The Two Faces of Daesh: The Islamic State Healthcare Paradox
The Islamic State is an anomaly among all terrorist organizations that have operated following the commencement of the War on Terror. Wherever IS gains territory, they seek to consolidate control in a central governing body and declare the rule of law over the local population. Hence, the organization embarks on a campaign that is in some ways ironically diametric to many actions they simultaneously commit. For example, while executing doctors, bombing hospitals, and sexually oppressing females, IS militants demonstrate to local people that they are capable of running a city and thereby provide social services for the locals (Wellen).
Compounding these seemingly disparate actions lies the paradox in the notion that IS is attempting to build its own healthcare system. In April 2015, the Islamic State released a new propaganda video boasting a new healthcare system with advanced medical schools and emergency care equipment to treat citizens in controlled areas. Analogous to the North Korean’s state-sponsored totalitarian propaganda scheme, IS marketing and promotional strategy radically exaggerates its healthcare capacity in an attempt to grow its “service” and recruit foreign physicians to operate in IS-controlled areas (Bacchi and Limam).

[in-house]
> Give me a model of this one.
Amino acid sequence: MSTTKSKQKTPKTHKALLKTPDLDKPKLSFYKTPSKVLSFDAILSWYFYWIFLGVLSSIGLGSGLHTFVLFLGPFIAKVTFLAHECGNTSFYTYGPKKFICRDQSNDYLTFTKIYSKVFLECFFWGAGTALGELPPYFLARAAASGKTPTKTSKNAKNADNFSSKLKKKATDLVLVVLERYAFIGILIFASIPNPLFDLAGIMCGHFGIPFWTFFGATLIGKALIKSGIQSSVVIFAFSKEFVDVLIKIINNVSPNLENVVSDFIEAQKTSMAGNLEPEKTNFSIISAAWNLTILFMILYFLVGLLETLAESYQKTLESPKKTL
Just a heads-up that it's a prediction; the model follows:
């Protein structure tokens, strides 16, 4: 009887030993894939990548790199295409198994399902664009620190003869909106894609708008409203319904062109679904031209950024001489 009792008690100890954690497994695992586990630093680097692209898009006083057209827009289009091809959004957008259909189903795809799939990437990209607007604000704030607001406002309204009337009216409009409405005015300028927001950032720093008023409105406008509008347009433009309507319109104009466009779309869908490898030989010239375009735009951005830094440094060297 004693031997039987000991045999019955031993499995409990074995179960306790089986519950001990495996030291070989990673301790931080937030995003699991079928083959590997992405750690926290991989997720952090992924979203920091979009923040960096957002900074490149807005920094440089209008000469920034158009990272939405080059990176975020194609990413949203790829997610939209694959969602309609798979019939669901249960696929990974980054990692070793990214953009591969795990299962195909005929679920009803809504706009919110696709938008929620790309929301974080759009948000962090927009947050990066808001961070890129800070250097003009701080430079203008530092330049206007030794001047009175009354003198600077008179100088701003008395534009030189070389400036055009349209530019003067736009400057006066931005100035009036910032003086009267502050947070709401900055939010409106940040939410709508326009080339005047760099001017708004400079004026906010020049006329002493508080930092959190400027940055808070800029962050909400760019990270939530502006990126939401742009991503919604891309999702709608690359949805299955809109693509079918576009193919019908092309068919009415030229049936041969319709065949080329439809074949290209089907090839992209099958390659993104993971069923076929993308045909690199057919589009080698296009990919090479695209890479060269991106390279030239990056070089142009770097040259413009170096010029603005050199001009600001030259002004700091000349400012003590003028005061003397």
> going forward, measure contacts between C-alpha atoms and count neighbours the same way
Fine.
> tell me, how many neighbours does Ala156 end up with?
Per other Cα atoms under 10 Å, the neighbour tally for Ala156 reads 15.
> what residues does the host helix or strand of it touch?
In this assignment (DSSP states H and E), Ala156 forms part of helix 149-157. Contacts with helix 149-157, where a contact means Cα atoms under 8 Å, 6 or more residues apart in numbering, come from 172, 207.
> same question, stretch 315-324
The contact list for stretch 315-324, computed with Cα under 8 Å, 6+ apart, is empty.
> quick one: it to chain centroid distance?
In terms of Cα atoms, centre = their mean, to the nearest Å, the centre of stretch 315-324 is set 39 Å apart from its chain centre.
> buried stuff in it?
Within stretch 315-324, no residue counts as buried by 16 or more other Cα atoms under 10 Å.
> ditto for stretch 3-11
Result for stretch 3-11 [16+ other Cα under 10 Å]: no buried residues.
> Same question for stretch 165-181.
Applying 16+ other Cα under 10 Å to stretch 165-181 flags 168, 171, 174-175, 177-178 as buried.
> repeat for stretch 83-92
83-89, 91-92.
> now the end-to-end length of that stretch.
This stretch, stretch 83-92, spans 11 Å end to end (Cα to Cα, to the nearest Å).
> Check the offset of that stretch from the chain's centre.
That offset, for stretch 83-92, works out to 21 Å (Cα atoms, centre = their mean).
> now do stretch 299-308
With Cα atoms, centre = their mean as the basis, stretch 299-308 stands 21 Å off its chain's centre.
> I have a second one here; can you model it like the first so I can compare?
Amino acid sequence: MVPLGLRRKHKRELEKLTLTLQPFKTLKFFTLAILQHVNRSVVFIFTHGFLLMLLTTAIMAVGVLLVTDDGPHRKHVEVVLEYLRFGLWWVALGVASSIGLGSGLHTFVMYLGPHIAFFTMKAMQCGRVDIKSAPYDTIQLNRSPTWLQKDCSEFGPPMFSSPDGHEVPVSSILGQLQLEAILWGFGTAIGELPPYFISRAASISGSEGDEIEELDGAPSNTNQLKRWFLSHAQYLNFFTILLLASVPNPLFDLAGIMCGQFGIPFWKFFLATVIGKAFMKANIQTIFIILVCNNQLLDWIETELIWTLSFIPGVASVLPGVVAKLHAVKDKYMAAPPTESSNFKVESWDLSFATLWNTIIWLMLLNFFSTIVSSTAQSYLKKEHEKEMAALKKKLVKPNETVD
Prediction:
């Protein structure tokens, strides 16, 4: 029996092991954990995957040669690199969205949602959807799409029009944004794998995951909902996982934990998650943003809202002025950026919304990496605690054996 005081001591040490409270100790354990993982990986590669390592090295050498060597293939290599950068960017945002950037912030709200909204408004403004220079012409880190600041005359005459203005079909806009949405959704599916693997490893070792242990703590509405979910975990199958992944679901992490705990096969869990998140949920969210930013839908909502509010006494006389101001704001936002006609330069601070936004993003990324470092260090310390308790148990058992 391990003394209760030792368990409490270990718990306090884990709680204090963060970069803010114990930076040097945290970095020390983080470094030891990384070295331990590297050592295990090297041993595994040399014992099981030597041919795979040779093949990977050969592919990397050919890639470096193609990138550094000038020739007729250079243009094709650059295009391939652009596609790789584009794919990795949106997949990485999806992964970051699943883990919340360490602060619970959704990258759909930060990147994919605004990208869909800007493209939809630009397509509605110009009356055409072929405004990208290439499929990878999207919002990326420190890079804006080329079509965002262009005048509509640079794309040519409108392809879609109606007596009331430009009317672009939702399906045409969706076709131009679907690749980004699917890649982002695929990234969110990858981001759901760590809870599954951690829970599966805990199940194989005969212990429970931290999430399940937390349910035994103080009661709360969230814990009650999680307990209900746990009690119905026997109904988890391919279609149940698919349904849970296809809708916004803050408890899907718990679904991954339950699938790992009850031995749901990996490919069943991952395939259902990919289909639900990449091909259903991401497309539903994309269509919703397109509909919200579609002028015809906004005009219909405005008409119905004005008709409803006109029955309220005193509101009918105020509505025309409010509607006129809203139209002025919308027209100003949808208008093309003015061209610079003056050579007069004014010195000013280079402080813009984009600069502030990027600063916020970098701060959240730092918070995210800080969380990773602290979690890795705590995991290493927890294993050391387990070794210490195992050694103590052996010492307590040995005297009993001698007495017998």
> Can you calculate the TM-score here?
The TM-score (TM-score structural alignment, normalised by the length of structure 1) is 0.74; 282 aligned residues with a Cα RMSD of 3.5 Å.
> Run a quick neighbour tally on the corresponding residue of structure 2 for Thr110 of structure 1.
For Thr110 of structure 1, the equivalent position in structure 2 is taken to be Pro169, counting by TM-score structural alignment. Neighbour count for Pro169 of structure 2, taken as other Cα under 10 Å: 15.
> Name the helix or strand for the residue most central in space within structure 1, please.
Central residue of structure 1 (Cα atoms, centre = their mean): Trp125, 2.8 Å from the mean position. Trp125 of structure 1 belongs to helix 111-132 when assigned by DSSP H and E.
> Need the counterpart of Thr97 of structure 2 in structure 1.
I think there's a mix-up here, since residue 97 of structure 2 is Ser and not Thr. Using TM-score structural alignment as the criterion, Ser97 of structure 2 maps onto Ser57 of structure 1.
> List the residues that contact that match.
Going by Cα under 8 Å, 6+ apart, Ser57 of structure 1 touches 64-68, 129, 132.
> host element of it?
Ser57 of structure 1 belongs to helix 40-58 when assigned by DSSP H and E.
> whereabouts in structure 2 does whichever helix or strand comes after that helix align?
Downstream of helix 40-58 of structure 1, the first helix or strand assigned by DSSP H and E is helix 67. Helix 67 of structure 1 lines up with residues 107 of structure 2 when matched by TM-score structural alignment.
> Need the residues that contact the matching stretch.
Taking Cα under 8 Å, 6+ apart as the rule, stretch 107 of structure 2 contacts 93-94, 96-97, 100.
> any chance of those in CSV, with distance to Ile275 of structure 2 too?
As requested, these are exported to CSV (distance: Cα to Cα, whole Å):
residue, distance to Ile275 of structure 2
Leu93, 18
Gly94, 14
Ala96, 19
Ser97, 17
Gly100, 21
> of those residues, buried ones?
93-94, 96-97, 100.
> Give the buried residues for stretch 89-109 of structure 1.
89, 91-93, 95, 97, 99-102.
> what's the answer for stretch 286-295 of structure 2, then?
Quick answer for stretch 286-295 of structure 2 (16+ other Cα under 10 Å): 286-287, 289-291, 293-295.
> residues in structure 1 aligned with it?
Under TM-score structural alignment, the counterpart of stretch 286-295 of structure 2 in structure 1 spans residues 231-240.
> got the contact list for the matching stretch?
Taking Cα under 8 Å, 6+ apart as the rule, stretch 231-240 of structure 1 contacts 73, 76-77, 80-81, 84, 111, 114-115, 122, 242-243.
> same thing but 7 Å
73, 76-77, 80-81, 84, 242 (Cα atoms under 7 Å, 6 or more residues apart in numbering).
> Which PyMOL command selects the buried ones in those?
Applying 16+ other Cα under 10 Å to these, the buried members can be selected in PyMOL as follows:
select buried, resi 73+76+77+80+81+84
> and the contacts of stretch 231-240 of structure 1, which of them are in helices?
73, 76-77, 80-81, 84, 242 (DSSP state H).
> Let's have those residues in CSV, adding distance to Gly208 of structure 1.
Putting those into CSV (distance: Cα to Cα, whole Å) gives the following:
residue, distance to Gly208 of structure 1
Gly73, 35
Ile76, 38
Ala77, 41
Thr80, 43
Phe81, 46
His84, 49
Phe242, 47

The service, modeled after the British National Health Service, features a savvy commercial with high-end technologies that rival those of advanced hospitals in Western countries. The strategy has been working effectively. A number of British medical students and doctors recently traveled to Syria to work in controlled areas (Bennhold). Once they are there, however, the reality of the situation strikes. Citizens in Raqqa report that even in the areas with the most optimal healthcare facilities and capacity, militants are given priority in special areas restricted for their families (I24 News). Often, civilians are left outside the system.
These features of the war create enormous confusions. On one hand, IS systematically targets and eradicates any healthcare infrastructure that could otherwise serve its own interests; on another hand, IS recruits doctors, promotes health as a service for all, and provides social services to earn the respect of the local people. One face of IS is callous and calculative; the other face is compassionate and solicitous. Why?
Another tier of confusion layers itself on these questions. Local Middle Eastern news outlets report that militants from IS have been infected by a skin disease called “Leishmaniasis” that creates large open wounds that eat away at human flesh. The disease is spread by poor hygiene conditions and pollution, and Raqqa—once again, an IS stronghold—is facing the highest risks of contracting the disease (Al Arabiya News). Doctors representing international relief agencies like Medicin Sans Frontiere have tried to cure the disease but are prevented from accessing IS-controlled regions (Al Arabiya News).